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The nature of capital flows between developed and developing countries changes considerably over time. In the 1970s, such flows were based largely on syndicated loans from commercial banks. In the 1980s, as this source of financing largely dried up following the Mexican crisis of 1982, official flows became relatively much more important. From the end of the 1980s, there has been a major growth of foreign direct and portfolio investment, which by the mid-1990s represented the majority of net capital flows to developing countries as a whole.

This transformation largely reflects a deliberate paradigm shift by the IMF and the World Bank. They have wrought this shift through several channels.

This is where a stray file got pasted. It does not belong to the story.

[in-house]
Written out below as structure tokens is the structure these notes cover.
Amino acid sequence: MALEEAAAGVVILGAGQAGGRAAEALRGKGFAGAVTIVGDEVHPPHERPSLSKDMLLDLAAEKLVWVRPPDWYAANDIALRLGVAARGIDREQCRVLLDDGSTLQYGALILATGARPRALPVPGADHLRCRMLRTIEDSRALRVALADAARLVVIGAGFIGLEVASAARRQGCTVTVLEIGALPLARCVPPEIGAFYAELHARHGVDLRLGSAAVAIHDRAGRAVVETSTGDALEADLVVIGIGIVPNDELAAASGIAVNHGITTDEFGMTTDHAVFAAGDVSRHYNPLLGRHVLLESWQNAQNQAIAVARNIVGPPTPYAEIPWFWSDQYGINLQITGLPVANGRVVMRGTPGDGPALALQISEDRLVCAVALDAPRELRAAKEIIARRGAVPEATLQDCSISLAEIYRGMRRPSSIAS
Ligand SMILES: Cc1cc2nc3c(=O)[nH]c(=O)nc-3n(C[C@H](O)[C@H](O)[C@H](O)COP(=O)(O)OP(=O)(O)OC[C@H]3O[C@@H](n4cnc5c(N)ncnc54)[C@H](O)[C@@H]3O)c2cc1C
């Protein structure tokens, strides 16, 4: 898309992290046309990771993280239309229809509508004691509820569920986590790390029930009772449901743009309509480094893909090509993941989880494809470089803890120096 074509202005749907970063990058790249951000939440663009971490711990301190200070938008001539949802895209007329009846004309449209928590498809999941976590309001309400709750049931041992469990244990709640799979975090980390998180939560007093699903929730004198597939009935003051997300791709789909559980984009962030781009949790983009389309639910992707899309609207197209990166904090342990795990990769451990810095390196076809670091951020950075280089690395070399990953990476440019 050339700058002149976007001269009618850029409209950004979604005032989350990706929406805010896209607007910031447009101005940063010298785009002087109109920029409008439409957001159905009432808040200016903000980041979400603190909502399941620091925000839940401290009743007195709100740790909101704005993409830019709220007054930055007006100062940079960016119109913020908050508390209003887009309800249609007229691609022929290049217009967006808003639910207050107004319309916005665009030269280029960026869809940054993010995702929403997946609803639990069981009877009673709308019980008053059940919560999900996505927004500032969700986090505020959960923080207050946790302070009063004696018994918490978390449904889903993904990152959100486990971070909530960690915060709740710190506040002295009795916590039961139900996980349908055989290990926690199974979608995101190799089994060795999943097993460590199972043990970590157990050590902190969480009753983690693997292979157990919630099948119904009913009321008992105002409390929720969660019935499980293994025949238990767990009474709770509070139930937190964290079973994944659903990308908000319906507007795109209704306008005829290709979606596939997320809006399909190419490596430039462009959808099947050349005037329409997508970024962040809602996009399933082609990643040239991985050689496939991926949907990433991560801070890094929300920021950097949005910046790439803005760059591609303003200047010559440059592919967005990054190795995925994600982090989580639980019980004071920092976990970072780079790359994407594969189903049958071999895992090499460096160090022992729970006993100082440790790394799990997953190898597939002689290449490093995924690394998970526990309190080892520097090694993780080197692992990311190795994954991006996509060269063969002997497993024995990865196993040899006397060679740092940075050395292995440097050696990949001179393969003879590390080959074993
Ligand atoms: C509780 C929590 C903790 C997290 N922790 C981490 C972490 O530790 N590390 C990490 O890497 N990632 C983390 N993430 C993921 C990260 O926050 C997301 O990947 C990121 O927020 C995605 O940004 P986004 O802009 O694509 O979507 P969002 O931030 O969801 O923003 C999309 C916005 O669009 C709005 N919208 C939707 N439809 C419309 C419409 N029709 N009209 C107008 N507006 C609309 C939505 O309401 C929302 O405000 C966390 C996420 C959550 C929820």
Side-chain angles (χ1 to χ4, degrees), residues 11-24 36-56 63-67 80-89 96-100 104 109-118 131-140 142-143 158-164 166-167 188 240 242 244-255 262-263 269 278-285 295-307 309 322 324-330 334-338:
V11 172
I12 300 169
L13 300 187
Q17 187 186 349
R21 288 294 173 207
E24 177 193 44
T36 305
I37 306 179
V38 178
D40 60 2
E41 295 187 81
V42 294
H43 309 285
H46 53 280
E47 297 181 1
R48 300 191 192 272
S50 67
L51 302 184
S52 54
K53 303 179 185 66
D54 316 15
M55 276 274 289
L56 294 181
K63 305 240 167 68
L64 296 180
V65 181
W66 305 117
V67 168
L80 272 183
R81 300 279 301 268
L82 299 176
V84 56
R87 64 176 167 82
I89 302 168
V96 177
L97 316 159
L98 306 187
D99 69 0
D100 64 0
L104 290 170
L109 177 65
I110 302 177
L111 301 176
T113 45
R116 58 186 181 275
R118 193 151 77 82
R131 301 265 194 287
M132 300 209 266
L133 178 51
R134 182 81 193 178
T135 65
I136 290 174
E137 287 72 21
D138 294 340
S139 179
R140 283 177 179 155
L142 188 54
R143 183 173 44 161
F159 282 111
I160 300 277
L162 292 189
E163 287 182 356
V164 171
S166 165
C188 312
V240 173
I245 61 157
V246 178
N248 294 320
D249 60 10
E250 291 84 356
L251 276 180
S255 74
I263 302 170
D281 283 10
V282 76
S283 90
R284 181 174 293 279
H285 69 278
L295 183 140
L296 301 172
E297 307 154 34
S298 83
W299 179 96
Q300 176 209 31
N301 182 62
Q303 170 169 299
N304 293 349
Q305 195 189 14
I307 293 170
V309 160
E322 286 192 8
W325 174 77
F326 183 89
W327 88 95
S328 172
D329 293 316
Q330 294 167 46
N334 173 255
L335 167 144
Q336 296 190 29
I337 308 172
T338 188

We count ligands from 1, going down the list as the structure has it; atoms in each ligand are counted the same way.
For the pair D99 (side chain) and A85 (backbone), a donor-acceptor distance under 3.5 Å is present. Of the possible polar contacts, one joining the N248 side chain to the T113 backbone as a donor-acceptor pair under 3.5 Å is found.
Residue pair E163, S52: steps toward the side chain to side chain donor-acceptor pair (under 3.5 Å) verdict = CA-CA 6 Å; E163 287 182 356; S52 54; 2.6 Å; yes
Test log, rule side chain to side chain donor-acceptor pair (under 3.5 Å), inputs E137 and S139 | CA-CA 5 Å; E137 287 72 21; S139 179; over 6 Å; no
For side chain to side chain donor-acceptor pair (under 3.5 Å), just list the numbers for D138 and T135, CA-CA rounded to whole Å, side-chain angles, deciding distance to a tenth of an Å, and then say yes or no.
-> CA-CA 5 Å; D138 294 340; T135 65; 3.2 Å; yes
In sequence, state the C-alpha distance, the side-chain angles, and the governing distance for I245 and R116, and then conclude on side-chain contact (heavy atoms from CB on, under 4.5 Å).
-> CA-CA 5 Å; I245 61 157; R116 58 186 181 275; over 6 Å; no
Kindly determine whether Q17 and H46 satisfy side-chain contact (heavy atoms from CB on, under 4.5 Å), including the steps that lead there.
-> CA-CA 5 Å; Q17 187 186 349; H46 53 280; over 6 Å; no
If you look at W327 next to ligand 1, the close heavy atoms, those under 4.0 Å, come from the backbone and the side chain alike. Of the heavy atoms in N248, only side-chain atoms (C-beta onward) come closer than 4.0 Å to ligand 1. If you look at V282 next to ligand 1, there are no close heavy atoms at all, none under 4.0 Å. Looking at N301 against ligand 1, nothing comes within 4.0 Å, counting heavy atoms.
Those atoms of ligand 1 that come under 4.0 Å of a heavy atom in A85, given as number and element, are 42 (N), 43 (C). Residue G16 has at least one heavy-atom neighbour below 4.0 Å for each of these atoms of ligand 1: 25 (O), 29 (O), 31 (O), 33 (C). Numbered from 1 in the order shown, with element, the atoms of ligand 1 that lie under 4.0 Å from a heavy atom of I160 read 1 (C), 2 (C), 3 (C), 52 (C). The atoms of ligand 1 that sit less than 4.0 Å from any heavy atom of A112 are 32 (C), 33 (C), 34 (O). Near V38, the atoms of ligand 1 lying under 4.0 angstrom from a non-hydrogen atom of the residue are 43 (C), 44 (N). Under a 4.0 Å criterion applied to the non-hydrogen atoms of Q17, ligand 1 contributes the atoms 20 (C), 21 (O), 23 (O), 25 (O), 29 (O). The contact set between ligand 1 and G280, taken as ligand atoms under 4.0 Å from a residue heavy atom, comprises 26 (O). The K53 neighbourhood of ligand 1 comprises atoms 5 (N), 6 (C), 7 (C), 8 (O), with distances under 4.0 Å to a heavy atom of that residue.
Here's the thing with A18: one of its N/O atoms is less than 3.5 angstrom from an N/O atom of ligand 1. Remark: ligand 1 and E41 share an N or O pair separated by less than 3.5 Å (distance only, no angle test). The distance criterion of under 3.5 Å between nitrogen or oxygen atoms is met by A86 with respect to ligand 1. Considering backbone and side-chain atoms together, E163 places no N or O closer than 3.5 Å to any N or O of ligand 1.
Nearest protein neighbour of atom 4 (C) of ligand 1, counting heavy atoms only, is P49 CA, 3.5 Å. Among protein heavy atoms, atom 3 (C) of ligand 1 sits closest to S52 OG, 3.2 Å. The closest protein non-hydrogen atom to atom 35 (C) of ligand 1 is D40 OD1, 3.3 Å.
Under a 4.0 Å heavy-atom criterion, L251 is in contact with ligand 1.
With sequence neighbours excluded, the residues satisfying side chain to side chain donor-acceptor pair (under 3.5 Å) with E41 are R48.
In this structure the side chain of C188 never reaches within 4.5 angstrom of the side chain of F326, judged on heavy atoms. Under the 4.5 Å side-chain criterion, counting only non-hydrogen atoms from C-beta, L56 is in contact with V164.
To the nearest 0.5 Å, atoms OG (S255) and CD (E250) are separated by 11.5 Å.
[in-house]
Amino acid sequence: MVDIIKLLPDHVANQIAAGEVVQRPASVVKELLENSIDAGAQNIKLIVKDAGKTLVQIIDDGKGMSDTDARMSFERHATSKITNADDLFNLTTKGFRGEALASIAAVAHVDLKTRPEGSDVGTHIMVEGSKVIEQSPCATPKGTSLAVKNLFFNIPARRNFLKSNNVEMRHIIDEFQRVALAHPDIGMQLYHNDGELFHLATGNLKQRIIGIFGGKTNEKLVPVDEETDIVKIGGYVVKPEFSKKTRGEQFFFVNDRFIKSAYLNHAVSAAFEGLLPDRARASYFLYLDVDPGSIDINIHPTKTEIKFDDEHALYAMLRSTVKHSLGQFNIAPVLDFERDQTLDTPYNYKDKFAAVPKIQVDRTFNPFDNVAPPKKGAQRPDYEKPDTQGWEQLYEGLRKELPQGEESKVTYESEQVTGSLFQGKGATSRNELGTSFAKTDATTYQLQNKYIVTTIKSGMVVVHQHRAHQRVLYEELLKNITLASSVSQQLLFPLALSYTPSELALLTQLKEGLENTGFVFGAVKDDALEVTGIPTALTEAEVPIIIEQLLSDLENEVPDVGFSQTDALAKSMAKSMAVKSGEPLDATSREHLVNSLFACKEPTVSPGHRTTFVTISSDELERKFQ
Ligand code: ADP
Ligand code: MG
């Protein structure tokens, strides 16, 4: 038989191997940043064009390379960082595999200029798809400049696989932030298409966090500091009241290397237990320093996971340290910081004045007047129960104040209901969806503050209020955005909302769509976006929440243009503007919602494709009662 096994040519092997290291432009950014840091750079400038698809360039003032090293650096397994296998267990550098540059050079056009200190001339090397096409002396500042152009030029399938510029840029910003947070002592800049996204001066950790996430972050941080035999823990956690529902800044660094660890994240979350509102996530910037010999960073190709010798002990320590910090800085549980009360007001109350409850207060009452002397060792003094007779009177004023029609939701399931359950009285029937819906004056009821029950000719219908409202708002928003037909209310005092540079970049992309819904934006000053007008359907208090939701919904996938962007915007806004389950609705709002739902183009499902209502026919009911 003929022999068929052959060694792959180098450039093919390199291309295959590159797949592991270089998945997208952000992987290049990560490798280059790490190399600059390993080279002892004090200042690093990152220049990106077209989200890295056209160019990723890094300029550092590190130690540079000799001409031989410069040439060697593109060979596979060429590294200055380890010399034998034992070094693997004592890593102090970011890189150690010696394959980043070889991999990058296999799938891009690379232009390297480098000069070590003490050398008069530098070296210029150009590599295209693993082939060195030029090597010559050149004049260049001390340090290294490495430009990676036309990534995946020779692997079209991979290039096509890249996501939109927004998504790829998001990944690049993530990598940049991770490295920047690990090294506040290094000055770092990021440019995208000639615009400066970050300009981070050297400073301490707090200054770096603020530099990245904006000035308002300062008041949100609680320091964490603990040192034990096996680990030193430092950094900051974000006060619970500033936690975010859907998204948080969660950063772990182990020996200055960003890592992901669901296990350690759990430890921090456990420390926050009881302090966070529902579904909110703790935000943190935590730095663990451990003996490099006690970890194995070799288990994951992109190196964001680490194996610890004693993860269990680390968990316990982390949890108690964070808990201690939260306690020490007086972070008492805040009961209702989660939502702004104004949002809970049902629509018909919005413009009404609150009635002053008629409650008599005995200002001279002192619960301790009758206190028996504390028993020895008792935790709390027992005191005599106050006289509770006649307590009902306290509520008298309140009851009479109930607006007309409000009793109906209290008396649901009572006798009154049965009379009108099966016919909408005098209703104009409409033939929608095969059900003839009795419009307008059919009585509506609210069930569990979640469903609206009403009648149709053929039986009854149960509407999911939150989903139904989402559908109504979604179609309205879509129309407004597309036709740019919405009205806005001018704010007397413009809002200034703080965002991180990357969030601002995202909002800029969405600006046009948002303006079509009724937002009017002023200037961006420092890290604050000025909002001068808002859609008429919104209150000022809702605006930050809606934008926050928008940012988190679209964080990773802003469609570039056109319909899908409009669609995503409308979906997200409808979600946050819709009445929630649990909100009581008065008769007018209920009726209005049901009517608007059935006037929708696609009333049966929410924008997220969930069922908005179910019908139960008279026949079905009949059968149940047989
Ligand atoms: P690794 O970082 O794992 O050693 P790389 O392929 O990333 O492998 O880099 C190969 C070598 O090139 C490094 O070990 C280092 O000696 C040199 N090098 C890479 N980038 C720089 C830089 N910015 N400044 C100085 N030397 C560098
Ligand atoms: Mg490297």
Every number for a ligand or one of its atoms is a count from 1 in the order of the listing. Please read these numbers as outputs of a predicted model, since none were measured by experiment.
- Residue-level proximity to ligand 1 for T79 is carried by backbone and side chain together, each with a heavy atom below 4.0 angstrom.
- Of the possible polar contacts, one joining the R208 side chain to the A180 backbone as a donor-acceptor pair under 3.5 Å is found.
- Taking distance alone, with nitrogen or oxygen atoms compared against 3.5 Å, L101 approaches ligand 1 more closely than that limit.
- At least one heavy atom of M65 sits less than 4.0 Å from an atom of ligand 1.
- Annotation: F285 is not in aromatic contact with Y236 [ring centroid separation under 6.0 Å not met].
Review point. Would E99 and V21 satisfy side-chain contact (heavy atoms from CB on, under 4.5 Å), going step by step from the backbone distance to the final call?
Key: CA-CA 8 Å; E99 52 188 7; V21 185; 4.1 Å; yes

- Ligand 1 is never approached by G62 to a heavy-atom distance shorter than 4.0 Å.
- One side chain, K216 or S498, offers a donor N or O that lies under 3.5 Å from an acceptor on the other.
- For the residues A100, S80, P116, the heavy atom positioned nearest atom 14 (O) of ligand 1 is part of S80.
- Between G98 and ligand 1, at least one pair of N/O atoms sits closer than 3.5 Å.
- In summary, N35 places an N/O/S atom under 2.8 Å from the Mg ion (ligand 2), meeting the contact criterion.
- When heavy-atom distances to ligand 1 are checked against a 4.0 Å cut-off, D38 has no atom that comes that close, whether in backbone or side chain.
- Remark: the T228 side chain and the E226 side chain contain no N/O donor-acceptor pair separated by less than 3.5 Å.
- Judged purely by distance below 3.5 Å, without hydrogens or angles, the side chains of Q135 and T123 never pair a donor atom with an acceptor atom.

 Structural adjustment programmes (SAPs): the pro-market conditions attached to SAPS have included the liberalisation of foreign exchange and financial systems, the privatisation of state-owned enterprises, the development of stock exchanges and their opening up to foreign investors, and liberalisation of foreign investment regimes.
 Direct support for the private sector: the operations of the International Finance Corporation (which supports private sector projects in developing countries) and the Multilateral Investment Guarantee Agency (which guarantees foreign investors against certain risks involved in investing in low-income countries) - both part of the World Bank - have grown in recent years.
 Capital account liberalisation (CAL): the IMF is seeking to change its mandate to enable it systematically to pursue CAL in all its member countries.
 The Heavily Indebted Poor Country Debt Initiative - which, by reducing the debt overhang, will help to make the poorest countries more attractive to private capital.
Strategic use of research, conferences, training and high-profile publications.

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